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Inversion, submersion and dispersion

20 August 2019 Dave Mohr (Chief Investment Strategist) & Izak Odendaal (Investment Strategist) from Old Mutual Wealth

Global equity markets enjoyed a temporary bounce last week when the US government said it would postpone the imposition of tariffs on some Chinese goods, while some items would not be taxed at all. President Trump initially planned to impose 10% tariffs on $300 billion Chinese imports at the start of next month. It does show that the Trump administration is worried about the impact of tariffs on the US economy, and wants to avoid prices on consumer items jumping ahead of the Christmas shopping season. However, this was soon overtaken by renewed concerns over the health of the global economy.

Submersion
New data showed that Germany’s economy contracted in the second quarter, which is no surprise since it is heavily dependent on exports, particularly in the struggling automotive industry. It is also exposed to China, where July data showed the economy slowing more than expected, and to the UK, plagued with Brexit uncertainty. The entire German yield curve is now submerged below zero, screaming for the tight-fisted German government to borrow more and spend more. But the country’s leaders remain committed to the schwarze Null (black zero) of a balanced budget. In ordinary times, that might be commendable, but these are clearly not such times.

Chart 1: 30-year government bond yields, local currency %

Source: Refinitiv Datastream

Inversion aversion
Global weakness saw a rush into the perceived safety of bonds, with the US 30-year bond yields falling below 2% for the first time. In other words, the market expects interest rates to be below 2% for the next three decades, an extreme outcome. More ominously, 10-year bond yields dipped below 2-year yields for the first time since 2007. This spooked the equity market as the so-called inversion of the yield curve has preceded past recessions. Essentially, it means that the market expects the future to be worse than the present. It is important to note that the inverted yield curve does not cause a recession (unless it scares ordinary Americans to stay at home and stop shopping). Rather, it reflects the bond market’s expectations of near-term growth, inflation and interest rates versus longer-term expectations. The near-term expectations are anchored on the policy stance of the Federal Reserve (the Fed), so that the market is effectively saying the Fed’s rates are too high now and it will be forced to cut rates.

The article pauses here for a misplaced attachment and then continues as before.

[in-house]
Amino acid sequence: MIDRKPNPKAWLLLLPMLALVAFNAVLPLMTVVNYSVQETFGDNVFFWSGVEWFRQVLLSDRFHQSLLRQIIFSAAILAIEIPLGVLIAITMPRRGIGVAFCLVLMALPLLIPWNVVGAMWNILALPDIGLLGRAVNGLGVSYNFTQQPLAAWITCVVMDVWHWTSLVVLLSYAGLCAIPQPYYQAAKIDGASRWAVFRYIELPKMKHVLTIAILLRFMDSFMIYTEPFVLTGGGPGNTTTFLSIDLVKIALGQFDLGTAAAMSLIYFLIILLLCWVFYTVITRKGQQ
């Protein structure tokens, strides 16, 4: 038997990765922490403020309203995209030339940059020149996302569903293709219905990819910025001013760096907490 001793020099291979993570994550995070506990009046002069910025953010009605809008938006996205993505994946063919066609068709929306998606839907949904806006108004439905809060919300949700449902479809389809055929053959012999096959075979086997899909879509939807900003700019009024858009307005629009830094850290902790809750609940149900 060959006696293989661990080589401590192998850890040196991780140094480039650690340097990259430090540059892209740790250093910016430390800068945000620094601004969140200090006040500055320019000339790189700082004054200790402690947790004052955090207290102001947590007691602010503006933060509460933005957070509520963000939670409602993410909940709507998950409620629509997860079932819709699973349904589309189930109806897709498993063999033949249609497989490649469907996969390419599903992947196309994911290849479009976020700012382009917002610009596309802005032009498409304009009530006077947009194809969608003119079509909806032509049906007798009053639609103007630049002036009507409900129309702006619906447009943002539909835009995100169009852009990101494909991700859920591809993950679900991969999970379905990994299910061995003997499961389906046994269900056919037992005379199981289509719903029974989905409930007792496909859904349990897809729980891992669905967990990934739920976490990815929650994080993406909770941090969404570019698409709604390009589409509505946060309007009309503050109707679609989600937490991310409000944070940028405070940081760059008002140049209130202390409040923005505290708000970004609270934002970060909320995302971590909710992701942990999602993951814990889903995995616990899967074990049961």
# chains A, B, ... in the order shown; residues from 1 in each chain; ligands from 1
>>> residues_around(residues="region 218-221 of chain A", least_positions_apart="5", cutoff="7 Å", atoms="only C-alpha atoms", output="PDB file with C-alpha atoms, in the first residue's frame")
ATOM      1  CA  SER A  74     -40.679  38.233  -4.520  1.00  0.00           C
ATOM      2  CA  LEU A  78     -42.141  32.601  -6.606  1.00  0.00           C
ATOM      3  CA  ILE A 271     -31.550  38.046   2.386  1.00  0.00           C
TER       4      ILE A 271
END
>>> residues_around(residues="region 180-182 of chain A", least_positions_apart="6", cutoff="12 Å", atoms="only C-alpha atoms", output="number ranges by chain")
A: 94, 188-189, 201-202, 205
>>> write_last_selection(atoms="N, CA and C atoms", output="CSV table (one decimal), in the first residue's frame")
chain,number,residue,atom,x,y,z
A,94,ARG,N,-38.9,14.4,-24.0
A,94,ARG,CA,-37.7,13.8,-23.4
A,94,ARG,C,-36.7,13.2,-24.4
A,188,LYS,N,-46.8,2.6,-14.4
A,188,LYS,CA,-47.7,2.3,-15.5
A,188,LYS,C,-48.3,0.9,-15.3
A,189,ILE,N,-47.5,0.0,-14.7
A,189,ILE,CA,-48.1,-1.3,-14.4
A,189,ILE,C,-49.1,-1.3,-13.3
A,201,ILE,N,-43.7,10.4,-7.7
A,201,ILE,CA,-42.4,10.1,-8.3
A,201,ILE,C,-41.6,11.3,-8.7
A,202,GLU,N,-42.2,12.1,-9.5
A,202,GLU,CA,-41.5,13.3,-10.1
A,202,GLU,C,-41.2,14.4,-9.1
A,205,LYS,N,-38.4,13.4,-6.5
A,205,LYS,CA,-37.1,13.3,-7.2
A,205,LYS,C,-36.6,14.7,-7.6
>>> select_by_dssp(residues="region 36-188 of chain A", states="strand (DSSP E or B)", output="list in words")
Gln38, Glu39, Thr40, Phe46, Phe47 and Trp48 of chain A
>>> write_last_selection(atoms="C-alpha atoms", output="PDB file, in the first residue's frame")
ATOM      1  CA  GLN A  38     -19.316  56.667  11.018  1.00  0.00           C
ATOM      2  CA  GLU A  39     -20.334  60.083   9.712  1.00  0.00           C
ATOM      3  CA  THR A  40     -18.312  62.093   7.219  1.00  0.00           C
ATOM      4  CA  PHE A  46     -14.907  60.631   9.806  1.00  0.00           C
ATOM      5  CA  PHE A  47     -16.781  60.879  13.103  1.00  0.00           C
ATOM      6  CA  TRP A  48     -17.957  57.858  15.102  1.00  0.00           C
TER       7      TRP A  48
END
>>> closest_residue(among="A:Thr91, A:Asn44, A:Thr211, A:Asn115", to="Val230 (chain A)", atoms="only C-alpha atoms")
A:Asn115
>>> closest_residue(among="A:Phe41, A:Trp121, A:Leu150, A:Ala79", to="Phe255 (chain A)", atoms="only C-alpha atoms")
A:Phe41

Chart 2: The spread between 10-year and 2-year US government bond yields %

Source: Refinitiv Datastream

This creates a dilemma: on the one hand, you shouldn’t ignore the bond market, and the most dangerous words in finance are said to be “this time is different”. On the other hand, this time might really be different. No other tried-and-tested recession indicator is flashing red, and the collapse in bond yields in Europe and elsewhere must surely play a role in dragging US yields down. These, after all, are now the highest yields in the developed world. Canada, Australia, Britain and even politically-unstable and highly indebted Italy have lower yields than the US. This also reflects the relative strength of the US economy. All the latest reports on the US economy show healthy levels of consumer spending, supported by a strong job market, low inflation and low interest rates. The US manufacturing sector, along with those in other major countries, is struggling. Despite President Trump’s efforts, the trade wars seem to have hurt rather than helped US manufacturers in total (though some will have benefited). But this is a small part of the services-driven US economy. The trade wars are also causing pain in other countries, notably China, where industrial production growth in June was the slowest in decades (but still strongly positive).

Cutting in droves
Central banks are of course already cutting rates in droves, with Mexico the latest major economy to do so. The US Fed is likely to follow suit at its September meeting. The market will want to see not only a cut from the Fed, but the guidance that future cuts would also happen. These rate cuts will not do much to stimulate new borrowing since global debt levels are already so high, but will ease the pressure on existing borrowers. Importantly, central banks will act to prevent a repeat of 2008 when market stress impacted the real economy as credit channels seized up. How will the SA Reserve Bank respond? It has already cut rates once, but this was just reversing November’s hike. The recent sell-off in the rand might preclude it from cutting at its next meeting, but oil prices have also pulled back. The Reserve Bank will also be viewing the deteriorating fiscal position with some alarm. However, in the current context, the widening budget deficit is not inflationary, since it is bailing out Eskom, not stimulating domestic spending. Ultimately, the Reserve Bank is likely to follow other central banks and lower rates.

Dispersion